Around 23 centimetres in length, the Oriental Pratincole (Glareola maldivarum) is mainly a dusky olive-brown, lighter around its head and breast and darkening through its body towards its tail. The distinctive dark-brown chinstrap loops low from eye to eye, encircling a pale chin area. It has a short wide bill with red at the gape, long pointed wings, deeply forked tail and a combed middle claw on each foot, all of which help it catch insects aerially. Its tripping gait also helps it catch bugs swarming at ground level.

The Oriental Pratincole migrates from Asia, where it breeds, to Australia during October–November, mainly occupying territory in the northern and western areas of Australia. Travelling in both large and small groups, this restive bird rarely stays in one location for long. It is seen with some regularity on the Cocos (Keeling) Islands.

70c Little Curlew, Numenius minutus

The Little Curlew (Numenius minutus) is about 30–35 centimetres in length and stands more erect than the larger members of the curlew family. This wader has mottled dark-brown and buff upper parts, buff underparts, a dark crown, and dark, strongly barred rump and tail. Its long, gently downward-curving beak, skinny neck and large, dark eyes give it a curious, affable look.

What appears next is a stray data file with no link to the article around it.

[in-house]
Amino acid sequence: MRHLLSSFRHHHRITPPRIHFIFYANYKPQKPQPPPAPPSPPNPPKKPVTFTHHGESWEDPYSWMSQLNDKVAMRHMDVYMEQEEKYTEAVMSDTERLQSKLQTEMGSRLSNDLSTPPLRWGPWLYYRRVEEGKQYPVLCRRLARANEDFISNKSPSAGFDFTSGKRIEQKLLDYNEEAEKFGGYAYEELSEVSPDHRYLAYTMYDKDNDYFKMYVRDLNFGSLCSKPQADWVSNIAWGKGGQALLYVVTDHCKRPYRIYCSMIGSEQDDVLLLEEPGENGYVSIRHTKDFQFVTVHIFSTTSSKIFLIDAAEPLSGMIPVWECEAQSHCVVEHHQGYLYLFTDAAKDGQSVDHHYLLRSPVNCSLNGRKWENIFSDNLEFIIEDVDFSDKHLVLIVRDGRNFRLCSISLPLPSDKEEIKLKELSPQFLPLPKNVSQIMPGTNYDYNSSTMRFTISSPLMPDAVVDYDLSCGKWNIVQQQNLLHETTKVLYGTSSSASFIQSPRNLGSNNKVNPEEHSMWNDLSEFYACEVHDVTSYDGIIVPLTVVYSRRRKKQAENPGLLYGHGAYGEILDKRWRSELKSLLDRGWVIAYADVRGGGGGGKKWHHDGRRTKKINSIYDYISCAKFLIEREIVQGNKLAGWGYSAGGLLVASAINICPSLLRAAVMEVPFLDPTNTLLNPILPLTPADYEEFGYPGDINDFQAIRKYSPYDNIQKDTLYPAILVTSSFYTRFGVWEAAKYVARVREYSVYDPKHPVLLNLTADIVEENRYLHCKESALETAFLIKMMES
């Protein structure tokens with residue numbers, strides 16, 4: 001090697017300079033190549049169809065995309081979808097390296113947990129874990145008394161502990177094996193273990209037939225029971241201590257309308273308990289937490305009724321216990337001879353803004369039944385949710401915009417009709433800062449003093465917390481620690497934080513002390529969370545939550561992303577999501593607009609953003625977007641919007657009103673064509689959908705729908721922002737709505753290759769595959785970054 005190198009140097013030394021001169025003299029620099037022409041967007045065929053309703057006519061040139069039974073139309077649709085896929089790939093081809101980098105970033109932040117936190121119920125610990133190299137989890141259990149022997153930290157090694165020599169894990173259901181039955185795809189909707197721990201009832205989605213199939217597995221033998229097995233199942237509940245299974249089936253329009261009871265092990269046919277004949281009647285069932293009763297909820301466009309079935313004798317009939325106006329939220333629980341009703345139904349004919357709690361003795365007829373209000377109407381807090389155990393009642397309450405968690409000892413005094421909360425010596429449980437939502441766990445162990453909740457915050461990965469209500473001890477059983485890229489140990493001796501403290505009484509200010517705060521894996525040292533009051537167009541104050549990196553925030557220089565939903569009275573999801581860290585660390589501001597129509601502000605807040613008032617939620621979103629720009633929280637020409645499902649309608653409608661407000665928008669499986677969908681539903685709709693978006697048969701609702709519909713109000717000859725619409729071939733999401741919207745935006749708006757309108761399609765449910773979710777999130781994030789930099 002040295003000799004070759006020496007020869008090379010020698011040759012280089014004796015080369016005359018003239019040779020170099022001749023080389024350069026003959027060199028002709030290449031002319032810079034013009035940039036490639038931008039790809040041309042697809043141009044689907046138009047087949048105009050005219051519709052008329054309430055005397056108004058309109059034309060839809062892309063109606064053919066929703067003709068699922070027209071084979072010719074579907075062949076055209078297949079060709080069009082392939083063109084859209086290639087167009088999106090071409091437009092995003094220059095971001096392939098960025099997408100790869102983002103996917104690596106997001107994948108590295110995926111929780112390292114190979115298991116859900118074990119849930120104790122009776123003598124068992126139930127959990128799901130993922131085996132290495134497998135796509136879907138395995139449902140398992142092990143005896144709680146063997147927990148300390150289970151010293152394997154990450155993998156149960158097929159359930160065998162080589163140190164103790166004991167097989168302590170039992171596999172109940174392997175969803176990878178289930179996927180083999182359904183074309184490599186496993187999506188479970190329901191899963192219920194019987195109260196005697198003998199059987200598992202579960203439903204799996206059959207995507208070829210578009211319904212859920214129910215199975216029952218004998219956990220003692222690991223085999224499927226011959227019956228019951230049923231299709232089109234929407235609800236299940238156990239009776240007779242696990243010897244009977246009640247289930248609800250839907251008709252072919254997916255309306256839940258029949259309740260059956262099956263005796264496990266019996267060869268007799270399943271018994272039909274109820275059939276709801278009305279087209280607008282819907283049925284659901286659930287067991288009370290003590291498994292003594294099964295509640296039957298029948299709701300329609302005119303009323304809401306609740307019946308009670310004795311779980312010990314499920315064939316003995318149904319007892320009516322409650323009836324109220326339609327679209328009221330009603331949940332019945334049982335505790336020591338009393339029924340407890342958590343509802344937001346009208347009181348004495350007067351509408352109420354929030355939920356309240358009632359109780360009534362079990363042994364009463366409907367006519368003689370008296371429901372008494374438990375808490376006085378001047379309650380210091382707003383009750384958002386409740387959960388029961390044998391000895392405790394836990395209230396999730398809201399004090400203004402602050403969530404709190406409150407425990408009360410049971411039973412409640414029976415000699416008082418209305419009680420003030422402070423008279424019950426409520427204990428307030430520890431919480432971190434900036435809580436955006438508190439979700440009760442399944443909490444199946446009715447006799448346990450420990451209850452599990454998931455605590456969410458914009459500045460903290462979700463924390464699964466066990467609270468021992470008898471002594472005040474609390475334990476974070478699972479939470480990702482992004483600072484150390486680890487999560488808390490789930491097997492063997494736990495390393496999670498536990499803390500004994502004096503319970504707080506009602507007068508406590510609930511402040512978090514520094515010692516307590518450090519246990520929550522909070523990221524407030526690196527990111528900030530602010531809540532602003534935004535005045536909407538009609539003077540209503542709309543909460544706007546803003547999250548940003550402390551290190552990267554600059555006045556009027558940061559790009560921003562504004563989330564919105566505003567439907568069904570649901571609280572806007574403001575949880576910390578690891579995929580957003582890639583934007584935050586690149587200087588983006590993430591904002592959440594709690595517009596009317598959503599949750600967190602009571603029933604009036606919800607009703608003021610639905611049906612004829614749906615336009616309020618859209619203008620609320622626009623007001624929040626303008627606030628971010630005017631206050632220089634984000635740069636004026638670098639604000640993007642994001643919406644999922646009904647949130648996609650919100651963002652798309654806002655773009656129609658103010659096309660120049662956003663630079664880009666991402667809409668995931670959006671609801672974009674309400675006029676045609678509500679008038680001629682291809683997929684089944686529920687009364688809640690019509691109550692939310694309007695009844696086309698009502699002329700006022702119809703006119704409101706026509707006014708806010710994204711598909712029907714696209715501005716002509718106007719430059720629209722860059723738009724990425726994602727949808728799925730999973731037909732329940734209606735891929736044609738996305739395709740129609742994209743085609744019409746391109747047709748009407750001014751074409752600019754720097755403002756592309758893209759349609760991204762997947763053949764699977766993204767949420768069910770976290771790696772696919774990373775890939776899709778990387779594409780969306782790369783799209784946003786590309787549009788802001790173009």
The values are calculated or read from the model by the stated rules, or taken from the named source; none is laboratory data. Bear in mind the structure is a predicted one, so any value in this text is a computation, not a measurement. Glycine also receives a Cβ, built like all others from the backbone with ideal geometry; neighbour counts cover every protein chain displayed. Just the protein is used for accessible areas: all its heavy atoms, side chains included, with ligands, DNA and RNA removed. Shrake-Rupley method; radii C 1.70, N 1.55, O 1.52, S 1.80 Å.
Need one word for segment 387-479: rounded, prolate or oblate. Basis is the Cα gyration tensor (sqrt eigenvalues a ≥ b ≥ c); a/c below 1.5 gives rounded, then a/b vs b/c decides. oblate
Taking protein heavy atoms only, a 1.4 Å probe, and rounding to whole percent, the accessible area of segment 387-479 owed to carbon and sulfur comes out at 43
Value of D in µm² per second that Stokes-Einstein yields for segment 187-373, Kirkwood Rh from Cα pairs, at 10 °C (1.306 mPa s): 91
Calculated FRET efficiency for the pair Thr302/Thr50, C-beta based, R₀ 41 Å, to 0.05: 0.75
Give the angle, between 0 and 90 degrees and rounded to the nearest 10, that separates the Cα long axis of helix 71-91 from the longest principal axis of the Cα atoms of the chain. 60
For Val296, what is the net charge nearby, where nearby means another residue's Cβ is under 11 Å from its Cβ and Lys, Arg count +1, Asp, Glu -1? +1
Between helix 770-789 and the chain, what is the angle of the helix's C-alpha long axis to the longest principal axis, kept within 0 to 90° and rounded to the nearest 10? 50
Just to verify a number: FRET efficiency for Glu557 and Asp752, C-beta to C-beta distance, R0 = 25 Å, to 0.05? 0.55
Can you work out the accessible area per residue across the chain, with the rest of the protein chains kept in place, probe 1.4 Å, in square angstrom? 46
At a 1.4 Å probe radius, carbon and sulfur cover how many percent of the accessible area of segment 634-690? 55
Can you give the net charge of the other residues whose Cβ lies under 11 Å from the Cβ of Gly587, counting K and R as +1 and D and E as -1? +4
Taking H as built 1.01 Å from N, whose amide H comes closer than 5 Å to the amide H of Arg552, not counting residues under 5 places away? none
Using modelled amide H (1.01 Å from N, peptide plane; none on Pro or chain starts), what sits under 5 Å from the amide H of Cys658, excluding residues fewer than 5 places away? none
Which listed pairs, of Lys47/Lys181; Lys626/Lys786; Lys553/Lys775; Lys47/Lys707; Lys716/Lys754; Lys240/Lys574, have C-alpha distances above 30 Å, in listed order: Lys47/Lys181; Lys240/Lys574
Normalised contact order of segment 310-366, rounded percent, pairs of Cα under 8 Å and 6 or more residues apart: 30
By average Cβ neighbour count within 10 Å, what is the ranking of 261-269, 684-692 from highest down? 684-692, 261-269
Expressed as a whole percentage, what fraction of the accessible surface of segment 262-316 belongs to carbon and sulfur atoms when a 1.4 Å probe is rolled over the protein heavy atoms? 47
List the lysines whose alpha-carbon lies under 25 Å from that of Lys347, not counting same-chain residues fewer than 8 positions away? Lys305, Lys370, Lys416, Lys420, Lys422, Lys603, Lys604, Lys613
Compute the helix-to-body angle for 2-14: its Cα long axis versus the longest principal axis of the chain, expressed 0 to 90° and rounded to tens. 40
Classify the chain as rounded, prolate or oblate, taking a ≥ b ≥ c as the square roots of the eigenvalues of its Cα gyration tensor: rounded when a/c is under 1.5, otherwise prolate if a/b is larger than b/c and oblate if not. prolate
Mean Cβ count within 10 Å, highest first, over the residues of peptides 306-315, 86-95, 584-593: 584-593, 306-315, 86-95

It breeds in central and north-eastern Siberia and migrates south to summer in sub-coastal Australia and Indonesia. While it has been recorded on Cocos (Keeling), it has not been seen there in recent years.

70c Indian Yellow-nosed Albatross, Thalassarche carter

As its name suggests, the Indian Yellow-nosed Albatross (Thalassarche carteri) has a distinctive yellow stripe running the length of its beak. Its white head, neck and underparts give way to a glossy brown-black back and upper wings. At 80 centimetres in length and with a wingspan of around two metres, this seabird is small in comparison to other albatross species.

The Indian Yellow-nosed Albatross generally summers on islands at the northern fringe of sub-Antarctica, where it breeds. In Australian waters, it occupies temperate and subtropical areas of the southern half of the country. Only one observation of this bird has been recorded in Cocos (Keeling). This species is listed as endangered by the International Union for the Conservation of Nature.

This content was produced at the time of the stamp issue release date and will not be updated.